The above Agoda link for Kamaishi will also show the options in Ofunato, a small town about an hour south of Kamaishi on the Sanriku Line.
Another small coastal town to the north, an hour away on the Sanriku Line. Again, options are limited, search & book here
The closest sizeable city, 2 hours away but with many more hotels and known for its hot springs. Search & book here
The provincial capital and largest city, it’s quite far (100 minutes by limited express train) but makes a good fall back option if you can’t find anything closer. Search & book here
Being 3 hours away, Sendai’s a bit far to make a good base for Kamaishi alone; however it is well placed for a number of famous cultural & scenic sights, and just about workable for day-tripping to the match if you’re ok with the long train ride each way, so you could stay in Sendai and make a series of day trips including to the match. See here for things to do near Sendai, and for accommodation search here
Airbnb is also a great option in Japan, in fact in Japan it seems to work particularly well – most hosts arrange self-checkin & checkout systems, allowing you to arrive & leave flexibly without needing to meet someone for the keys (the key’s often left in a lockbox for you). The wifi is always super-fast, and I’ve never had an Airbnb nightmare in Japan (have had a few elsewhere). There was a crackdown in 2018 with the introduction of new regulations which led to a collapse in the number of listings available and accordingly a jump in prices, with a lot of travellers reporting that their reservations were suddenly cancelled as a result. It was all a bit of a mess at first, but you can be confident that any listings remaining on there at this point are legit. Prices went up unfortunately, but then so did standards, and Airbnb is still my usual go to for accommodation in Japan.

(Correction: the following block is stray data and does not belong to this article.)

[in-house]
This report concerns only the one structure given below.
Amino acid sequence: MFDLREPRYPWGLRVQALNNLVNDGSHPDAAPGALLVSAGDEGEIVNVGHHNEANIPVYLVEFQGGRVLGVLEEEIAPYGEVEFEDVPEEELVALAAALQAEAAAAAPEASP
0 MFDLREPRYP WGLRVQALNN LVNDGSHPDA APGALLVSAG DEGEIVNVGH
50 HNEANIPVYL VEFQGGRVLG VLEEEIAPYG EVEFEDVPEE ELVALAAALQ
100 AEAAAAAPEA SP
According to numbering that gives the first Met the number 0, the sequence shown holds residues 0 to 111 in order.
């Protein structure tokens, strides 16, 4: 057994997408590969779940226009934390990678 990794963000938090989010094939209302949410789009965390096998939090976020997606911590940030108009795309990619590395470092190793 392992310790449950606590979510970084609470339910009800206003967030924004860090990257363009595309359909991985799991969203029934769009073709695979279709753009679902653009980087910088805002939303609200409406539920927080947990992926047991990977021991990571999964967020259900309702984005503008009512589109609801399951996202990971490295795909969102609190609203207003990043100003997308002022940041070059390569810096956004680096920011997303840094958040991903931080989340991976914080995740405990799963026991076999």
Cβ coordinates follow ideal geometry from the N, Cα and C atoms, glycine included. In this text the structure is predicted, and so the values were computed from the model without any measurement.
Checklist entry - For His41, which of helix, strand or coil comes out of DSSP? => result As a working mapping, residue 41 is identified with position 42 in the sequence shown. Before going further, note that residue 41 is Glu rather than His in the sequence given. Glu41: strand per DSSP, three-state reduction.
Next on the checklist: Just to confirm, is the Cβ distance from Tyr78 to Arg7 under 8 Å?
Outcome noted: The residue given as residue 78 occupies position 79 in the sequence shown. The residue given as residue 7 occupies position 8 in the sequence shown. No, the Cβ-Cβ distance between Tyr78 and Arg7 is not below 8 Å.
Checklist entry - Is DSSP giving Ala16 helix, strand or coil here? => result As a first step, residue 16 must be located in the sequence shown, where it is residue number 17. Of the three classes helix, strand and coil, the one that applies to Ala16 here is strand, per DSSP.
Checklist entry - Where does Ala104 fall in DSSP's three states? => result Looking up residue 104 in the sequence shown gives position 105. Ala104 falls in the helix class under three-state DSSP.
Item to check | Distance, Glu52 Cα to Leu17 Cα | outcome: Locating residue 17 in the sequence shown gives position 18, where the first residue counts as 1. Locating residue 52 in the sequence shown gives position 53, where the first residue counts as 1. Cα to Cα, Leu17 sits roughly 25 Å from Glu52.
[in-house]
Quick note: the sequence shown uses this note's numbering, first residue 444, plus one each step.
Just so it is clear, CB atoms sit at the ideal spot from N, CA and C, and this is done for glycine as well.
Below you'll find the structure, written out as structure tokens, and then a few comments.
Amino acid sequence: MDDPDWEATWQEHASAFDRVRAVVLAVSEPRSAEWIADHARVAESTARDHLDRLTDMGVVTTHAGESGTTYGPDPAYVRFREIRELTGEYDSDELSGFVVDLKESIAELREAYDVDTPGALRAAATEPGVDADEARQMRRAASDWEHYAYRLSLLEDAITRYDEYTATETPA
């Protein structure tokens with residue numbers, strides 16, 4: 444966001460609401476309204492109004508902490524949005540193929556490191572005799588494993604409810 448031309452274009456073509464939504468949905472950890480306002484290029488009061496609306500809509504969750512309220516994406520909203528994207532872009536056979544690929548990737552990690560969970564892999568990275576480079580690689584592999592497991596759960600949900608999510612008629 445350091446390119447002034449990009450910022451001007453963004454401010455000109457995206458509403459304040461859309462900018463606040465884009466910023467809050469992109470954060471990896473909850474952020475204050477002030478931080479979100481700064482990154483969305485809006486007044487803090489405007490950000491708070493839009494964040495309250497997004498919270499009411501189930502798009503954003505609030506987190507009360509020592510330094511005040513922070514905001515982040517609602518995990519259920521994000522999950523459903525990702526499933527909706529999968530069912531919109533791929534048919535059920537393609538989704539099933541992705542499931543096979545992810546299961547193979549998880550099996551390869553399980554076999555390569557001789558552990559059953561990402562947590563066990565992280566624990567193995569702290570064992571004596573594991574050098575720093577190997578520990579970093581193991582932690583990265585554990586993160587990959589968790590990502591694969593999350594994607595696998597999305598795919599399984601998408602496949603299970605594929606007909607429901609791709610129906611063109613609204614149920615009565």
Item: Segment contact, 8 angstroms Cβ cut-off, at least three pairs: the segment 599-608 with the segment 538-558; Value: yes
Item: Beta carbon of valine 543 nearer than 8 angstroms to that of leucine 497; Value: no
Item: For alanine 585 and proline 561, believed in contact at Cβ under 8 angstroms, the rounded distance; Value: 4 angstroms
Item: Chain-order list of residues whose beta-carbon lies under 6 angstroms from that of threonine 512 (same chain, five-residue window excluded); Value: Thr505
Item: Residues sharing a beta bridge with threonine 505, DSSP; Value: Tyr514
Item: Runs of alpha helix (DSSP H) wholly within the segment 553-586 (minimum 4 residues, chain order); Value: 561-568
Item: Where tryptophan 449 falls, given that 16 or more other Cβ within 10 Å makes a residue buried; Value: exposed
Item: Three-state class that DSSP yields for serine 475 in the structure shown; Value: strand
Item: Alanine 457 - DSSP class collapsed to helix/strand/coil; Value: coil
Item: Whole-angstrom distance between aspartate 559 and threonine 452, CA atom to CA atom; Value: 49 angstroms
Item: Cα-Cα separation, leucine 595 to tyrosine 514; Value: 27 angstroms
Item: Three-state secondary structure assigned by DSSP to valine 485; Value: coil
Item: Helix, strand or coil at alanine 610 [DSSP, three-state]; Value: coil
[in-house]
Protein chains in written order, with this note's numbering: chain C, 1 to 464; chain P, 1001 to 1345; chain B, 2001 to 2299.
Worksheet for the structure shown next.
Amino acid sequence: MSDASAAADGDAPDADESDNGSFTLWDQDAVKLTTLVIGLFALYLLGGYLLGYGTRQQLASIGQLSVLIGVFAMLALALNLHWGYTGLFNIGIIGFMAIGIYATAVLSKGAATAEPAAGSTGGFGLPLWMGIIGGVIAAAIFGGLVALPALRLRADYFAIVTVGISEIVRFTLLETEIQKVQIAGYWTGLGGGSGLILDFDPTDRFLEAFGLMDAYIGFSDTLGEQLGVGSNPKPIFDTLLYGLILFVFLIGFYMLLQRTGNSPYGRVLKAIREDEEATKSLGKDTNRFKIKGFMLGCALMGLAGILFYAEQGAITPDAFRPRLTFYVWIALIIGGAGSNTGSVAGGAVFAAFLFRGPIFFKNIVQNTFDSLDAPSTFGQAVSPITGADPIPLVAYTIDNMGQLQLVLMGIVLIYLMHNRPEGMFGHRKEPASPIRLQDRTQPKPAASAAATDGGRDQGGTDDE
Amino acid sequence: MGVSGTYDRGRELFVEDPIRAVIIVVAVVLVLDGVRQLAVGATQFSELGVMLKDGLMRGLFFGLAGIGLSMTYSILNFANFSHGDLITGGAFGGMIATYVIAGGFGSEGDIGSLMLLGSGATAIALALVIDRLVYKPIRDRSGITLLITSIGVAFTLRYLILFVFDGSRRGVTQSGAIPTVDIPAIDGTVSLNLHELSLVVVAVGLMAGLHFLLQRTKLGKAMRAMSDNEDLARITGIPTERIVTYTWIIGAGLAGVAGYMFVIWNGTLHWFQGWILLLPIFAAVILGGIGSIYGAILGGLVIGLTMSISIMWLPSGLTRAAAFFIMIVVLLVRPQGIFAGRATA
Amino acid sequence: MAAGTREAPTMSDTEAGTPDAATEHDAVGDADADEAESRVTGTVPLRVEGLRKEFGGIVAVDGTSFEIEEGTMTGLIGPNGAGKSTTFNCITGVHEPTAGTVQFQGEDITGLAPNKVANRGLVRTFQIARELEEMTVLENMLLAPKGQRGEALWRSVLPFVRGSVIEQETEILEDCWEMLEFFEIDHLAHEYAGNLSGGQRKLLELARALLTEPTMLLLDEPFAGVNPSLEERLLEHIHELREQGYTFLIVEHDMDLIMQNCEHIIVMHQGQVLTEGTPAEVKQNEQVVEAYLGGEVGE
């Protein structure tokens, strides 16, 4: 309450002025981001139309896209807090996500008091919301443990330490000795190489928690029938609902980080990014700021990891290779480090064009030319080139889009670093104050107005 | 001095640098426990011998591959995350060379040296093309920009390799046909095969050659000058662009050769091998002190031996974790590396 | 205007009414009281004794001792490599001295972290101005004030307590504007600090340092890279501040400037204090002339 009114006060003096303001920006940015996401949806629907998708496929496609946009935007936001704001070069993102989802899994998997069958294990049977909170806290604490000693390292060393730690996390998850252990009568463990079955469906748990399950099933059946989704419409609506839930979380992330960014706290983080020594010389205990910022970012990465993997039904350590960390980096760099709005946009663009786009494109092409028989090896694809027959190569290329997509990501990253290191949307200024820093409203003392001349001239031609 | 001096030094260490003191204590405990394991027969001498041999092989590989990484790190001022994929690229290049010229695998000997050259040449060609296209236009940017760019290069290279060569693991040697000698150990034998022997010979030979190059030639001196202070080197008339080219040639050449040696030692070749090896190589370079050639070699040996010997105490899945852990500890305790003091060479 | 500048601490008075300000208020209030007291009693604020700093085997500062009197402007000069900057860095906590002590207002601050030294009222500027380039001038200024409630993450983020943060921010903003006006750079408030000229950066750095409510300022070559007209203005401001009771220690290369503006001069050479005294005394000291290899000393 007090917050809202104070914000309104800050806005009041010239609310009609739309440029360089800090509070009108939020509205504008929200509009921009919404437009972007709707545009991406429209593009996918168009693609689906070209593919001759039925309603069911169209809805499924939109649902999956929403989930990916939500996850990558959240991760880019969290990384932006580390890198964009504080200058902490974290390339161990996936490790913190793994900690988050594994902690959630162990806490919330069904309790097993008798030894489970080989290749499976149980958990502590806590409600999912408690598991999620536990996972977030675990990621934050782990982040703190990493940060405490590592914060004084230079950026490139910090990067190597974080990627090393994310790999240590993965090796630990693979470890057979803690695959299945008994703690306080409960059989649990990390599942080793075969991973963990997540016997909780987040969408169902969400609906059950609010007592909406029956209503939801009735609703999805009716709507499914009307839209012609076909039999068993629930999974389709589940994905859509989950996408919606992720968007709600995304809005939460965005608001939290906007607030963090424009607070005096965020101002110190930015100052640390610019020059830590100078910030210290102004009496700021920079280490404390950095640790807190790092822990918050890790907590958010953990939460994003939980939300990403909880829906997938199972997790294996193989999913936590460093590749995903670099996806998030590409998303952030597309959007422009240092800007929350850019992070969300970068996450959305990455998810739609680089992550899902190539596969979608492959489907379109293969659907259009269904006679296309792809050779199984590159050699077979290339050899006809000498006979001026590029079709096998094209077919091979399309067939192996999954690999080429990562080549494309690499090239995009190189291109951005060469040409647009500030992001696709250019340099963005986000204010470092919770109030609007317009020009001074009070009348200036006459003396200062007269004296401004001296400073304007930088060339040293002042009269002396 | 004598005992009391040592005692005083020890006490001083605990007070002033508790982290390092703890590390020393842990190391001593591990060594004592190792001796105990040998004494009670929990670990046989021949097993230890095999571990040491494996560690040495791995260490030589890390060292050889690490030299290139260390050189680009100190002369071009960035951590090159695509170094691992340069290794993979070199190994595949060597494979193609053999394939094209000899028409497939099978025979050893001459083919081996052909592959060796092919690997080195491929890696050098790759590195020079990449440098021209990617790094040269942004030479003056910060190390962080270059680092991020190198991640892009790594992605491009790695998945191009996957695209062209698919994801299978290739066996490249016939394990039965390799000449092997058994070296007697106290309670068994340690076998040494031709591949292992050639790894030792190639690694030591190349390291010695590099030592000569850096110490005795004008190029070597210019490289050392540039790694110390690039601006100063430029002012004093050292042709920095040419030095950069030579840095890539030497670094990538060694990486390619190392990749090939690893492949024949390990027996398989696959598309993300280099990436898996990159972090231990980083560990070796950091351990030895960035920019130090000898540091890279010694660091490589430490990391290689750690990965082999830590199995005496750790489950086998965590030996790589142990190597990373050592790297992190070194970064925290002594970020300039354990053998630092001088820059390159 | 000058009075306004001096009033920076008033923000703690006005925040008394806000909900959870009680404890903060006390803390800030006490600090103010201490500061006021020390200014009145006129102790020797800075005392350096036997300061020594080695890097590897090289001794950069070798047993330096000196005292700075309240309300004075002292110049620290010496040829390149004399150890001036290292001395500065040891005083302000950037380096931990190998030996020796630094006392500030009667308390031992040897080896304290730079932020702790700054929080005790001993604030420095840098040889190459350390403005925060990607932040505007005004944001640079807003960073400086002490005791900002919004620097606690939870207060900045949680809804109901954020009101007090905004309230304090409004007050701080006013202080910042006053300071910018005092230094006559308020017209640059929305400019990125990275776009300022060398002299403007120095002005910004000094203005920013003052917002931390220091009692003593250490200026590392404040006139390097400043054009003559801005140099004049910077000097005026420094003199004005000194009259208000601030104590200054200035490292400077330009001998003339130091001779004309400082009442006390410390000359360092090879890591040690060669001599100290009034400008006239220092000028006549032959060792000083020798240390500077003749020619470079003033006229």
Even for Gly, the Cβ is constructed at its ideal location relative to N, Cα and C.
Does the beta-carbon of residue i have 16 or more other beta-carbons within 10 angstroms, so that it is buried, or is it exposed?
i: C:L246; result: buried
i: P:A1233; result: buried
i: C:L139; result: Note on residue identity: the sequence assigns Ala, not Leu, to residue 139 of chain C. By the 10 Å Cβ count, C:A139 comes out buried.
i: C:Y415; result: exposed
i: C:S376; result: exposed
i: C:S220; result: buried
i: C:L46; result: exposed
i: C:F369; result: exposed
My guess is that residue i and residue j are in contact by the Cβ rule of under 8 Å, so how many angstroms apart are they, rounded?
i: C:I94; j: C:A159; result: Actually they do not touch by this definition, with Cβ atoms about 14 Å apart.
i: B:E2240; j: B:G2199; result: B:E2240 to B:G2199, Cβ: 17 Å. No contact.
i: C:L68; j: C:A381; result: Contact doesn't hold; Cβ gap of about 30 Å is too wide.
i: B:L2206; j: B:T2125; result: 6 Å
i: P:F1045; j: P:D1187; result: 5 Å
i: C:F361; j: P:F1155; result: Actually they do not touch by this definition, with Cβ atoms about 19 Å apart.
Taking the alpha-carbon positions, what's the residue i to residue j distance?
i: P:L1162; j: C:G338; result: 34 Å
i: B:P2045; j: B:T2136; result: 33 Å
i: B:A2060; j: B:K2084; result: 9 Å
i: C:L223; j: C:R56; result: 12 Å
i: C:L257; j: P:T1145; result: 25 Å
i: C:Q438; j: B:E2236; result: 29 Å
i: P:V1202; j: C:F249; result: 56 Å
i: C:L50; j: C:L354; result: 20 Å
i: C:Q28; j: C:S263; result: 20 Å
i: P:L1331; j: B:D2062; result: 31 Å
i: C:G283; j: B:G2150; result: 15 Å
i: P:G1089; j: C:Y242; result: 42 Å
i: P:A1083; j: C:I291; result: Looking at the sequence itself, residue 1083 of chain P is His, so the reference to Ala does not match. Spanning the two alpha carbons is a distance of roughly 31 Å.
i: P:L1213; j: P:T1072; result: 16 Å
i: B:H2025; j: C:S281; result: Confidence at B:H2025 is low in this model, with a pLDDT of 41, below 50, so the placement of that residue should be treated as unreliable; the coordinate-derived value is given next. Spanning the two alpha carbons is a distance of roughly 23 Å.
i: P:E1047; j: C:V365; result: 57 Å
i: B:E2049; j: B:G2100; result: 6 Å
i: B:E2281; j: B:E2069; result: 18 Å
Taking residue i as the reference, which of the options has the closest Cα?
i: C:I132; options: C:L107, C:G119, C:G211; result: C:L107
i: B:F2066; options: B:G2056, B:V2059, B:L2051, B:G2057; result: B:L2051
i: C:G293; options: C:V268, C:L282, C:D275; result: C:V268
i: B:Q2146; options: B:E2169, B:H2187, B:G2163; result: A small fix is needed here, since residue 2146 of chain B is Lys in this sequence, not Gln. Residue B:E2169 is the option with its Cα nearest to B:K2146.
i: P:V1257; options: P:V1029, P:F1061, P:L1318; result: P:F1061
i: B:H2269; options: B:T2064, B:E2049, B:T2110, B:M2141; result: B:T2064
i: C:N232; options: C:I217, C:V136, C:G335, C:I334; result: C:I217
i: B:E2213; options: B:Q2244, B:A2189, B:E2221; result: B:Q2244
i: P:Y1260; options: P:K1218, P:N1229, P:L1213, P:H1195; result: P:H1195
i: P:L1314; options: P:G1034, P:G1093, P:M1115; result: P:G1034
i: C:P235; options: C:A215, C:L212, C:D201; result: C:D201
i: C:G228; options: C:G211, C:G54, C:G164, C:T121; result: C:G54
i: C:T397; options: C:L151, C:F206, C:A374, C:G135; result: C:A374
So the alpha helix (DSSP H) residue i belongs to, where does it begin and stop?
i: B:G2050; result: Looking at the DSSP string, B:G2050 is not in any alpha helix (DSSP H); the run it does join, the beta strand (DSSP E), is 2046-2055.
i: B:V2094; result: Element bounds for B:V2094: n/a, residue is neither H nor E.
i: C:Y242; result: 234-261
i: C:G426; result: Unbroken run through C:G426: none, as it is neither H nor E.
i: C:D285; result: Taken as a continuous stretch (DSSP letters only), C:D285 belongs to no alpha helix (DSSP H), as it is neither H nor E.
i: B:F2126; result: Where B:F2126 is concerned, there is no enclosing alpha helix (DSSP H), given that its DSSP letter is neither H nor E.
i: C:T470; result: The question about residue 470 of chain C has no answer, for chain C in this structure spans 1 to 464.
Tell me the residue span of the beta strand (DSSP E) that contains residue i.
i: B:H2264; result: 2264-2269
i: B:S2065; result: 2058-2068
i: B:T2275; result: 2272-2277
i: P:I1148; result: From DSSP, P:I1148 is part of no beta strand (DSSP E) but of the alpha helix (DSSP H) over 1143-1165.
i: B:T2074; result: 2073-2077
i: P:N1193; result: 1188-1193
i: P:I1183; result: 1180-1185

There aren’t any listings in Kamaishi, but Airbnb could be a good option for basing yourself in Morioka or Sendai.
New users can get a $35 discount from their first Airbnb rental through Rugby Guide Japan, simply click here and sign up.
Things to Do in Kamaishi
The Kamaishi Dai-Kannon is a large statue of the Buddhist goddess of mercy which stands looking out to sea on the edge of town. You can climb the spiral stairs inside the statue to the viewing deck in her arms, and there’s also a portion of the Buddha’s ashes housed in the attached temple complex. It’s a 10-minute taxi ride to the Dai-Kannon from Kamaishi Station.
The Iron & Steel Museum (10 minutes on foot from the Dai-Kannon) gives the history of Kamaishi as Japan’s first metalworks town during the country’s industrial modernisation period.
The Sanriku Coast: the entire coastline is made up of beautiful cliffs, bays, and beaches, but two particularly noteworthy spots near(ish) Kamaishi are Jodogahama Beach in Miyako, and the Kitayamazaki Coast north of Miyako. It’s an hour by train from Kamaishi to Miyako, and 20 minutes by bus (or taxi) from there to Jodogahama (see here for Jodogahama info & pics, Japanese only). To reach Kitayamazaki continue another 40 minutes on the train beyond Miyako to Shimanokoshi or 45 minutes to Tanohata; from Shimanokoshi it’s a 10-minute walk to the boat pier for sightseeing cruises, or from Tanohata it’s a 20-minute taxi ride to the Kitayamazaki Observatory. See here (Japanese only) for more on Kitayamazaki.
For more cool places to visit in the wider Tohoku region see here
Useful Links for the Rugby in Kamaishi
Click the banner to pre-order your JR Pass and save 40 dollars, or check out my JR Pass guide:
How to get online in Japan